Pregnant Workers whose badges are exchanged monthly). You should
expect to receive your new badges a day or two before the start
of each calendar quarter. Snap the old Luxel body badge out of
gray holder and return just the badge itself. Keep the gray holder
so that you can snap the new badge into it. Make sure that your
old badges are available for collection on the first working day
of each quarter. Ask your lab manager or your lab radiation safety
person about how to return your badges.
Wearing a monitoring badge is a serious matter, as it can reflect
on your lifetime
recorded dose. Therefore, it is important for EHS to be able to account
for any missing or damaged badges. If your badges are not turned
in on time or are lost, EHS is required to conduct an investigation
to estimate your dose and will ask you to provide an accounting of
activities involving radioactive sources during the period in which
the badges should have been worn.
Emergency Processing (top)
If you believe that you may have received an unusual dose (if you
may have placed your hand in an x-ray beam, for example), notify EHS
Your badges will be returned for rapid emergency processing.
Dose Reports and How To Read Them
you return your monitoring badges, the badges are sent out to
service company for processing. EHS receives the dose reports several
weeks after the end of a monitoring period and reviews the dose reports.
EHS has established investigational levels at doses that are 10% or
less of the federal and state dose limits. If a dose is reported that
exceeds the investigational level, EHS will contact you to to determine
whether the reported dose is likely to be accurate and to investigate
the causes of the dose in an effort to minimize dose in the future.
After EHS finishes its review, a copy of the dose report is forwarded
to each Authorized User. Since the dose reports contain names, birthdates
and social security numbers, we do not recommend that the reports be
posted in the lab. Contact your Authorized User or lab manager to find
out how the information from the monitoring reports is made available.
A summary of your badge results can also be obtained by calling
In the case of body badges, doses are reported as deep or shallow
or as doses to the lens of the eye. Deep dose is due to penetrating
radiations such as x- or gamma radiation. Deep doses are applied against
the whole body dose limit. Shallow dose is due to less penetrating
such as beta radiation and low energy x-rays. Shallow doses are applied
against the skin dose limit. Dose to the lens of the eyes is due to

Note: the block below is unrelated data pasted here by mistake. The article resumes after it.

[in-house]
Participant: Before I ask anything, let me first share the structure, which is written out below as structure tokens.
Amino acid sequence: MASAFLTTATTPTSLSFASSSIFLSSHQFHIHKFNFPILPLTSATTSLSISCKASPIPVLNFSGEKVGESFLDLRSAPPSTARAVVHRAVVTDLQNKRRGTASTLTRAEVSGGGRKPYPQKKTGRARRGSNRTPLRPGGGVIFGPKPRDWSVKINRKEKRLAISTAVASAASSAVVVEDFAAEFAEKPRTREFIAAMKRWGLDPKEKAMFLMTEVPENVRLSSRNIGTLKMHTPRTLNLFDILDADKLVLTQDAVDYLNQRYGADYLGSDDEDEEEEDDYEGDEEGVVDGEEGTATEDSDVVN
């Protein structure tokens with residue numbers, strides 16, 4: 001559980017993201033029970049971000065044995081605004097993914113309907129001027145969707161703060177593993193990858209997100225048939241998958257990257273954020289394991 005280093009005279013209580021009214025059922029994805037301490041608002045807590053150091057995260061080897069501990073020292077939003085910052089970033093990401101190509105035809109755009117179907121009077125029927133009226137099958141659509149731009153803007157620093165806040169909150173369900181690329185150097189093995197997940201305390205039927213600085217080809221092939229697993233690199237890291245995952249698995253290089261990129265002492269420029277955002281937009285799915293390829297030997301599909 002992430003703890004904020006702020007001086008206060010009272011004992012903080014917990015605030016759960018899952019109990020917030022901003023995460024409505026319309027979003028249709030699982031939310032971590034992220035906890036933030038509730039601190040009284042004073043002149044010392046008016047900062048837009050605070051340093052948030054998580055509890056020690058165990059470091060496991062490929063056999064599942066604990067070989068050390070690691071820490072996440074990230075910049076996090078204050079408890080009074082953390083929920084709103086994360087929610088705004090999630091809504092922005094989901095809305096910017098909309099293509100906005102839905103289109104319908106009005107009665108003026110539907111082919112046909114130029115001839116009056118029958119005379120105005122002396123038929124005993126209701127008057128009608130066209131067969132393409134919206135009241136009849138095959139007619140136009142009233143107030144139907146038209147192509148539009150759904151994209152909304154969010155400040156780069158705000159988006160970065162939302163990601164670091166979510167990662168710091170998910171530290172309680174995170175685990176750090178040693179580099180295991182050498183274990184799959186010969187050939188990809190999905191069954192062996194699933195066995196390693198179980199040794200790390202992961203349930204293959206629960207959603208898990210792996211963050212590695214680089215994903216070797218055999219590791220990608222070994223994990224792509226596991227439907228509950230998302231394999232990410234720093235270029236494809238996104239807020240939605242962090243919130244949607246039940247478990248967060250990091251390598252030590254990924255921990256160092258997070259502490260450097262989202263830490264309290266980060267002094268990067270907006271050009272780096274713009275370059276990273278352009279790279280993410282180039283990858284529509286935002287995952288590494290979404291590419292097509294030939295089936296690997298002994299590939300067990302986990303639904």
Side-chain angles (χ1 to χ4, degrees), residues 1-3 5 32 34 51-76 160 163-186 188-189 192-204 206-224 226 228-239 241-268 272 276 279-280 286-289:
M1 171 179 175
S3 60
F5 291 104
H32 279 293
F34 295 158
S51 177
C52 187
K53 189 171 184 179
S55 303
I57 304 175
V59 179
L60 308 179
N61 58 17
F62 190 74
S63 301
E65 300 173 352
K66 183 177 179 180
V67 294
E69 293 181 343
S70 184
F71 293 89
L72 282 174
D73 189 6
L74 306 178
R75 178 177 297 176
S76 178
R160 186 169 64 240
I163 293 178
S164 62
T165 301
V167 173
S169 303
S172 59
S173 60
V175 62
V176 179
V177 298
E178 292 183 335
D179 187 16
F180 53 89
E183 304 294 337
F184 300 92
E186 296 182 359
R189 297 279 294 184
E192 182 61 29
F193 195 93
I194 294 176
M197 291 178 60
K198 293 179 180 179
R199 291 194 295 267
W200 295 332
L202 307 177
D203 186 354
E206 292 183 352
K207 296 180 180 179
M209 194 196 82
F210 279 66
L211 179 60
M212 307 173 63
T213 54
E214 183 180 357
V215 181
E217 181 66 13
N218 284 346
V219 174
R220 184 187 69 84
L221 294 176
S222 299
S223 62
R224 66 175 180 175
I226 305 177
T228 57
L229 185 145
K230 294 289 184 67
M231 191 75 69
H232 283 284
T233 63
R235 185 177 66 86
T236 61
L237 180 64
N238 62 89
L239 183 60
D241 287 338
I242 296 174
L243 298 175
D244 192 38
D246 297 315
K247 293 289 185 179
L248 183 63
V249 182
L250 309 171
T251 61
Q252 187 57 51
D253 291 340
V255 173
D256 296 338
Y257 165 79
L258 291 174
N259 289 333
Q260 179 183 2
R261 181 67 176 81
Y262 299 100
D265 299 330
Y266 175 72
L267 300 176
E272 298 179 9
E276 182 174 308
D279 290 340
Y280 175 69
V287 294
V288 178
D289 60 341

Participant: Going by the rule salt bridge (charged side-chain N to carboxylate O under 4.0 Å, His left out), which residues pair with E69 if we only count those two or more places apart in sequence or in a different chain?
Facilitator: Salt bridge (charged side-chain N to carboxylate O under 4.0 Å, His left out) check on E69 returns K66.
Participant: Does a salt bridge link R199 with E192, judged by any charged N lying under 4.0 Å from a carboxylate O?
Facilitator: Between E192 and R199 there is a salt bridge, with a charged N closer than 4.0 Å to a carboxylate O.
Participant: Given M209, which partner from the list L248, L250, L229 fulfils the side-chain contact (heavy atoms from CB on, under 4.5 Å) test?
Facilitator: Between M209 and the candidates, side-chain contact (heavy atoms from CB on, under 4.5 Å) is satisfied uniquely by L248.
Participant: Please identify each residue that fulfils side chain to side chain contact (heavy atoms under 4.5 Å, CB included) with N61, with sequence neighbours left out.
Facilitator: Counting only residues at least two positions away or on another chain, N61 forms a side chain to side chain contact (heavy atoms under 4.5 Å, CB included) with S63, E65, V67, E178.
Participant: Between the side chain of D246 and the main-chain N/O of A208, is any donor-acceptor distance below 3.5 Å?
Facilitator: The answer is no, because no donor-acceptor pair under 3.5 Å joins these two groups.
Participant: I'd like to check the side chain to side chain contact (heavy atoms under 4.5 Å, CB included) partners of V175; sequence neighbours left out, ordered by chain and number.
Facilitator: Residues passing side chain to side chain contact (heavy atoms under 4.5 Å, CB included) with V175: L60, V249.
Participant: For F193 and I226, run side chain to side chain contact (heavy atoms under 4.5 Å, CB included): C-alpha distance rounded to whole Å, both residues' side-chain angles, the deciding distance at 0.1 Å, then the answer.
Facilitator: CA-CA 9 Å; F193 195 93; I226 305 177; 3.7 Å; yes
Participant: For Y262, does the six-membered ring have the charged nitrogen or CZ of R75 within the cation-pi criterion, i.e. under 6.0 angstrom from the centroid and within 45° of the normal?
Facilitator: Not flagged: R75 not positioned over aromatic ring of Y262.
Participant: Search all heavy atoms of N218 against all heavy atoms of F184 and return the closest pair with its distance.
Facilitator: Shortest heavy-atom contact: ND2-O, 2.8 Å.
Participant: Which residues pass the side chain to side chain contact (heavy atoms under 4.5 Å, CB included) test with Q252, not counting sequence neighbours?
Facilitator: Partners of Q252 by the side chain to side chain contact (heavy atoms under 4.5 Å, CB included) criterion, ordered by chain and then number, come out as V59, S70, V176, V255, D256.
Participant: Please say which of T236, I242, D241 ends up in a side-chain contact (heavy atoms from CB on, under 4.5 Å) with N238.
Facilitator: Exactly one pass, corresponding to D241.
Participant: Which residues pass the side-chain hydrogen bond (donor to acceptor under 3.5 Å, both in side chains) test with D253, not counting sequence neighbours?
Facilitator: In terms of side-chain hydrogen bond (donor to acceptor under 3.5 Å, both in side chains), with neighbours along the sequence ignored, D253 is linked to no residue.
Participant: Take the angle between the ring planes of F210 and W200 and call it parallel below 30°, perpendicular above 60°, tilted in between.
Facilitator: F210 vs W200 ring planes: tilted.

an intermediate range of radiations and energies and is applied against
the lens of the eye dose limit. In the case of ring badges, dose
is only reported as shallow dose and is applied against the extremities
Doses are reported in millirem. The minimum reportable dose for body
badges is 1 millirem for x-rays and gamma rays or 10 millirem for energetic
beta radiation, and for ring badges is 30 millirem for x-rays and gamma
rays or 40 millrem for energetic beta radiation. If a dose of "M" is
reported, the total dose received was minimal, i.e., less than the
Contact EHS if you change your name, if your name is misspelled, or
if any other information on the dose report is incorrect.
Exposure History (top)
Contact EHS for a copy of your radiation exposure history. EHS maintains
radiation exposure records indefinitely.
If you terminate employment with the University, your radiation exposure
history will be provided to you or your new employer upon request. A
signed release statement must accompany any request from your new employer.
Requests for radiation exposure histories should be mailed to: EHS,
262 Alexander Street, Princeton, NJ 08544
Monitoring Badge Use at Other Institutions (top)
not take Princeton badges to any other institution. Princeton University
badges are intended solely to measure the radiation dose you receive
while working at Princeton University. If you perform radiation work
at another institution, it is the responsibility of that institution
to provide you with monitoring badges.
However, Princeton University must still control the dose you receive
while working at Princeton so that your total occupational dose does
not exceed the state and federal dose limits. If you are issued radiation
monitoring badges at any other institution, notify EHS immediately.
EHS will contact that institution and request copies of your dose records.